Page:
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PRECIOUS-Gold dips as euro zone debt fears hurt stocks, euro

Source : REUTERS
Last Updated: Tue, Nov 13, 2012 12:20 hrs

* Euro hits two-month low vs dollar after Greece talks

* Uncertainty over approaching U.S. 'fiscal cliff' remains

* Platinum market set to swing into deficit this year

By David Brough

LONDON, Nov 13 (Reuters) - Gold eased for a second day on Tuesday, tracking losses in stocks and other commodities as worries over the euro zone's handling of its debt crisis knocked the euro to a two-month low against the dollar.

Appetite for European assets wilted as a dispute between international lenders threatened to further delay an aid payment to Greece.

Gold, traditionally hurt by gains in the dollar that make it more expensive to buy in other currencies, was down 0.1 percent to $1,726.24 an ounce by 1136 GMT, while U.S. gold futures for December were down $4.30 an ounce to $1,726.60.

The euro came under further pressure after a German survey of economic sentiment came in much worse than expected, suggesting worries over the wider euro zone were starting to affect the bloc's biggest economy.

Traders say the positive impact of Europe's debt crisis on the dollar has offset the impact of any new appetite for gold as a safe haven after a year which saw the metal fall prey to more speculative trends.

"There had been a decoupling in the relationship between gold and the dollar in terms of the daily trading range, and now we are seeing a readjustment," said Bayram Dincer, analyst with LGT Capital Management.

In the longer term, traders said gold may benefit from uncertainty over the looming "fiscal cliff" in the United States which could see nearly $600 billion worth of spending cuts and tax increases at the end of this year push the U.S. economy back into recession.

The precious metal hit a record $1,920.30 an ounce last September when negotiations between Democrats and Republicans over the raising of the U.S. debt ceiling turned sour.

However, signs that negotiations may be more constructive this time around are starting to dampen some interest in one of the assets investors favour as a safe haven in difficult economic times. Gains earlier this month were largely made on the back of expectations that talks would be protracted and tense.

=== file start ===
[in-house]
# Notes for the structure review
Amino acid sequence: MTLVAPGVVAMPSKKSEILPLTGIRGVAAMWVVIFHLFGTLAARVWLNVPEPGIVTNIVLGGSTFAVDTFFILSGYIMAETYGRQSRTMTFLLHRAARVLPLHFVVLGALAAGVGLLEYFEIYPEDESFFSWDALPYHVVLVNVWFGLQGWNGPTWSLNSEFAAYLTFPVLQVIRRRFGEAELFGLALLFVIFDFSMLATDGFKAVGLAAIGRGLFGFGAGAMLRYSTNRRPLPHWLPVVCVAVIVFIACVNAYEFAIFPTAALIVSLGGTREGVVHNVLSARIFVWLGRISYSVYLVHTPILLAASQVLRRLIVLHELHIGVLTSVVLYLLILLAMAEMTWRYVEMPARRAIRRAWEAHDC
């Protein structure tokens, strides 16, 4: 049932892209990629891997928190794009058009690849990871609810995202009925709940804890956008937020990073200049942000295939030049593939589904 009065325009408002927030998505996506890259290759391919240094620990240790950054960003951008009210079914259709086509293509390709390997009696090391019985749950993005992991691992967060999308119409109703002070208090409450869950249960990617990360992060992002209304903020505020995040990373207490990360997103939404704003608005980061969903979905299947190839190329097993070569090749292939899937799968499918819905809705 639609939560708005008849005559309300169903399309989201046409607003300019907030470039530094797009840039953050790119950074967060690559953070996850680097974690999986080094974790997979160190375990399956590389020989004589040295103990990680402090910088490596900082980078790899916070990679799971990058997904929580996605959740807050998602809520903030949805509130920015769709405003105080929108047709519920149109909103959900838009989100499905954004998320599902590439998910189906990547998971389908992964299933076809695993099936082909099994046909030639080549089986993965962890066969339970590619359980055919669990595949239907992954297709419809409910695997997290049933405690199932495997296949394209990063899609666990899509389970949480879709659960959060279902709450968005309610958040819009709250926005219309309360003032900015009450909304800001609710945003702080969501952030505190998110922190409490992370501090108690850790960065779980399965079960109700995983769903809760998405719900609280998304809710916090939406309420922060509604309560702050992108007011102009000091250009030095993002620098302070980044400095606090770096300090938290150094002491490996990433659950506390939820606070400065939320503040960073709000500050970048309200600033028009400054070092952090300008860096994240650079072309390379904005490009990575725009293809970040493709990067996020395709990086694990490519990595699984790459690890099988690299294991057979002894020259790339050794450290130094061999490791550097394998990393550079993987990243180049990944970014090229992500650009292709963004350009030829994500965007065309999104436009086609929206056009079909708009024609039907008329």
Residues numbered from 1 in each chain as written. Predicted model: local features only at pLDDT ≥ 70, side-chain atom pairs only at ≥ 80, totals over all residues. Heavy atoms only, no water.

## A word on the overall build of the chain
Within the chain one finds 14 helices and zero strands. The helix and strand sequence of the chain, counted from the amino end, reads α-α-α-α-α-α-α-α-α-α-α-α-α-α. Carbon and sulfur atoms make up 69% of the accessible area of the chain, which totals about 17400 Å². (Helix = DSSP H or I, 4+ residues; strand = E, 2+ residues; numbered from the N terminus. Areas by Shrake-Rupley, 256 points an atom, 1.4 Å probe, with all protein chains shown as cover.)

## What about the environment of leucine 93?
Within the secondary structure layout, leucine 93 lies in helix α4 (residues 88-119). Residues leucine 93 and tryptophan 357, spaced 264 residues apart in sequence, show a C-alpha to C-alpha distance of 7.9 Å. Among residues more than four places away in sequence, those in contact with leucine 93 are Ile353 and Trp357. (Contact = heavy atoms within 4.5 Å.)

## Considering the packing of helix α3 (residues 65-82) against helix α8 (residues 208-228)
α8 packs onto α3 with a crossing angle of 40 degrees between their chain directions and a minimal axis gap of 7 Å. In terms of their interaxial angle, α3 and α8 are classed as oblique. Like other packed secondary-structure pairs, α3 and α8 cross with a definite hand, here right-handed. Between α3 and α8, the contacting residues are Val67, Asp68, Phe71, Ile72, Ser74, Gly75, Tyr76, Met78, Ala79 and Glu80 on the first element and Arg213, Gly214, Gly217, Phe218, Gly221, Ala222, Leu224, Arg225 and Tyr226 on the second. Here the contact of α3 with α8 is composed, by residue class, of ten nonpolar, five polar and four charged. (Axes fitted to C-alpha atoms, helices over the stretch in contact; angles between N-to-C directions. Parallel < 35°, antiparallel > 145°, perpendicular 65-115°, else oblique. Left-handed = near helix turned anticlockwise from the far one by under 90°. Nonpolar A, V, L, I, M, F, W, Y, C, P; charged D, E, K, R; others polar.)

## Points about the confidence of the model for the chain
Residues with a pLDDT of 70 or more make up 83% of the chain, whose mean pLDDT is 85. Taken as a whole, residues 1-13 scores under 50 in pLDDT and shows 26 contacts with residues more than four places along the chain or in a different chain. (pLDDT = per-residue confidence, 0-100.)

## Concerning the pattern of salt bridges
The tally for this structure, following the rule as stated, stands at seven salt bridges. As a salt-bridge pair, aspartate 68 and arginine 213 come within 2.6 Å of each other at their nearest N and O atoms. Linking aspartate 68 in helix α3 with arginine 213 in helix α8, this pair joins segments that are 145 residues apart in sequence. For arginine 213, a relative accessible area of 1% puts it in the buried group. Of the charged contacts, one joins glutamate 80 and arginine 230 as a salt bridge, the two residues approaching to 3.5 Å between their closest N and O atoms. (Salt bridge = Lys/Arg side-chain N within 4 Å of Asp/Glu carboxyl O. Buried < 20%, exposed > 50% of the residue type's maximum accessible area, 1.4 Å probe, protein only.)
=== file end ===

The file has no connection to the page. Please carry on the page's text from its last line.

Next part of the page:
"Gold's rally may be starting to show signs of topping out, as investors seem to be discounting the possibility of a fiscal cliff deal being reached," INTL FCStone said in a note.

"However, we still have a long way to go before all the sides agree, which means that we could see further gains in the precious metals space before a more concerted sell-off sets in, likely by early December."

COOLING

Delegates at this year's London Bullion Market Association conference in Hong Kong, who forecast gold prices would be around $1,843 an ounce at the time of next year's meeting, have adopted a softer tone towards gold than in previous years.

"This year I sensed that the bullishness has moderated and there is less conviction," Tom Kendall, head of precious metals research at Credit Suisse, told Reuters at the event.

Growth in Chinese demand for gold, which had surged in the last five years to put China ahead of India as the world's largest consumer, has shown signs of cooling this year.

Gold demand in India has been forecast to fall up to 45 percent this year on the back of rupee weakness, high prices and a hike in import duties, but is set to recover in 2013, industry officials said at the meet.

Among other precious metals, silver was little changed at $32.42 an ounce. Spot platinum was up 1.2 percent at $1,579.25 an ounce, while palladium was up 1.3 percent at $612.97 an ounce.

Supply outages in South Africa are set to push the platinum market into deficit this year as shipments from the world's main producer of the metal fall by 605,000 ounces, refiner Johnson Matthey said on Tuesday.

Chinese platinum jewellery demand was forecast to jump in 2012 as Hong Kong retailers added outlets, while palladium jewellery demand was expected to fall by a fifth in China.

But pent-up demand for new vehicles and cheap car financing rates will likely result in increased use of palladium in North American autocatalyst production this year.



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